(Speaking slowly, pausing at the end of each sentence to look around with concerned expression for emphasis.) So, at this time, I wanna thank the Administration ever so much, for coming forward tonight, and informing Council, but more importantly, to inform the citizens of Saskatoon. I think the citizens of Saskatoon are entitled to hear exactly what’s going on in this community, and they’ve heard it. And when we’re continuing to go forward now with potholes, I hope we’re going to follow the same procedure of daily press conferences, letting them know exactly what we’re going to do, where we’re going to be, and so that way, we have the information out there for everyone. Not everyone has a computer; not everyone has a television. So hopefully we can get to the ends [?] sooner rather than later. Councillor Hill, you had your light on. [hits switch, but Hill’s mike fails to go on.]

Councillor Hill: Ah, thank you Your Worship. Mr Gutek, I’d just like to clarify. At any point did you hear me say that I thought one residential street clearing would bring us down to bare asphalt conditions, when I asked you the question this evening?

Mike Gutek: Um, no.

Hill: Thank you.  And, to clarify, I asked you, if it would have made a difference, in the rutting. Now you indicated that it would have removed parking and had larger windrows, but our discussions at budget time were based on strategically placing snow which would not have removed all of our parking – we would have placed snow into strategic clumps, places you talked specifically about a house that may have 2 or 3 parking stalls in front may end up with one, cause we were going to follow through with bobcats. So I just wanna be clear. Movement of snow at one course of the winter may have changed the conditions. We don’t know that, because we didn’t do it. So we can’t say that it would or it wouldn’t. It may have changed the conditions, because if you take some of that packed snow off, the total amount of that packed snow, there’s less to create ruts at the end of the day. So I just wanna clarify that nobody said we’d be at asphalt conditions.

With respect to ‘communications’ and ‘moving forward’, I think that we’ll need to have a discussion, ahm, either in chambers now or in executive, the plan brought forward for communications. I don’t think the media is going to come out with a press release every day. However, some municipalities are doing thing quite strategically and creatively, their Public Works branch are doing daily updates via live feed, as well as taped video, which the media is using that as they see appropriate, and they also play it on their local cable channel, on a regular looped basis. They do that for their Public Works, as well as for their transit updates. It’s very effective. I think we need to look at an entire communications strategy, not a one-off just looking into ruts or potholes as we move forward.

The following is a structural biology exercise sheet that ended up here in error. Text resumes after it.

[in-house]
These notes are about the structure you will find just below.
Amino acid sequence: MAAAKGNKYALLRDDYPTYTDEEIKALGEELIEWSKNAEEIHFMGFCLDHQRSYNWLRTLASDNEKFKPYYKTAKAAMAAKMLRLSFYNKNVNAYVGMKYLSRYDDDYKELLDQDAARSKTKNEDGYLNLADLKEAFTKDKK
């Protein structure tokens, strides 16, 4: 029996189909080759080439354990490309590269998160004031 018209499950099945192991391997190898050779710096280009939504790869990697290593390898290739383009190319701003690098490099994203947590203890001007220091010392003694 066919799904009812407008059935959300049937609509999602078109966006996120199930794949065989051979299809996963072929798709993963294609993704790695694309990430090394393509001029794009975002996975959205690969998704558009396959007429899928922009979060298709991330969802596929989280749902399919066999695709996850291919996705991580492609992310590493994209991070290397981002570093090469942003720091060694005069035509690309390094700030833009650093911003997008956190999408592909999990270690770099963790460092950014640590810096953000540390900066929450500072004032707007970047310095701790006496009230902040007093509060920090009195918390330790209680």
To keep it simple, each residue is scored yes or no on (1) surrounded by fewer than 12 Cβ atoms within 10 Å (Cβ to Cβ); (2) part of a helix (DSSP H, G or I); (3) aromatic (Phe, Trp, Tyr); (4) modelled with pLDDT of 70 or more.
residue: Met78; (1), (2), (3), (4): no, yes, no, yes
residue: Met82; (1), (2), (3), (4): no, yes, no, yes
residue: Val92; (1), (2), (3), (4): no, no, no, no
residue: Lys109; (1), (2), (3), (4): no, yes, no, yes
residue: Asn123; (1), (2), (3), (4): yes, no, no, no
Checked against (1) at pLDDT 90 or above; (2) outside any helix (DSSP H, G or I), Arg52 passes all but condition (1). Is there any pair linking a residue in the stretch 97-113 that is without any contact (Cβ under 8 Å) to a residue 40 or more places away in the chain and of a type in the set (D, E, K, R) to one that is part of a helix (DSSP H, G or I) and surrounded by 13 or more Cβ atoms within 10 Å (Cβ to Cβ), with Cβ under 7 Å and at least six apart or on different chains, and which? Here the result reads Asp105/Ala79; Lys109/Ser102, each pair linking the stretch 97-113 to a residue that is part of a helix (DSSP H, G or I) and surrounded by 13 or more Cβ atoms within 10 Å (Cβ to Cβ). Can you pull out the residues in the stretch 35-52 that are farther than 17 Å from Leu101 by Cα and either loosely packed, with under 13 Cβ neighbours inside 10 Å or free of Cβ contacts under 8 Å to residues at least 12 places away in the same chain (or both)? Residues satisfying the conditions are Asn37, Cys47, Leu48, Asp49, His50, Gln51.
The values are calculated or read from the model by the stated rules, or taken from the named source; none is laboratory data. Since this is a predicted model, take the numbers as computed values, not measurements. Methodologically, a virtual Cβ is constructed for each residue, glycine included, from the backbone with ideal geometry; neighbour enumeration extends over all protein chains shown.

Grist has a piece on a home-built piano trike, which reminded me of the New York Times’ December video on the fate of a street piano. (Don’t watch the street piano one if you’re at work and possess a soft heart.) I love pianos, even though I never got past Grade 3 or 4.

The Atlantic Cities has a lovely profile on James Gulliver Hancock who has tasked himself with drawing urban compedia of various things – all the buildings in New York, or all the snow in Montreal, for example.

I’d like to thank everybody who booked a massage with Jenna — she says she’s had several new clients lately. I really appreciate it, and I hope you don’t regret my recommendation.

Here I am. I’m all hopped up on beer and discount Easter candy, so I’m  in a great mood to read the letters to council this week.

Alan Thomarat wishes to speak to council next week. (He’s the head of the home builder’s association in Saskatoon.) Since it is Alan Thomarat’s desire to completely blanket the greater Saskatoon area with bestuccoed pressed-cornflake castles, I imagine we all know what he is going to say.  Hello Mr Thomarat! I’m sure you’re doing exactly what you get paid to do and a good job of it as well.

Next, a letter with U of R letterhead. It’s from the Faculty of Social Work, Saskatoon campus. They would like to discuss the adoption of an anti-bullying bylaw. While I most emphatically agree that bullying is a terrible, tragic, and ultimately needless form of persecution that is perpetuated by members of society at all ages and stages of life, I wonder if the adoption of a bylaw would be merely symbolic. (As we all know, bylaws are nothing without enforcement in our current society, my lawn get off it etc. etc.) At any rate, as this is a mainly symbolic gesture I expect Council will fall all over themselves getting it passed.

Apparently the  town of Hanna has an anti-bullying bylaw. Ha, you were expecting me to make a Nickelback joke there, weren’t you? Snoopopaths. You can get fined $100 for being a bully in Hanna, and $250 if it’s not your first offence. No, I am not going to make a Nickelback joke. It’s too predictable, like toothpaste Oreos on April 1.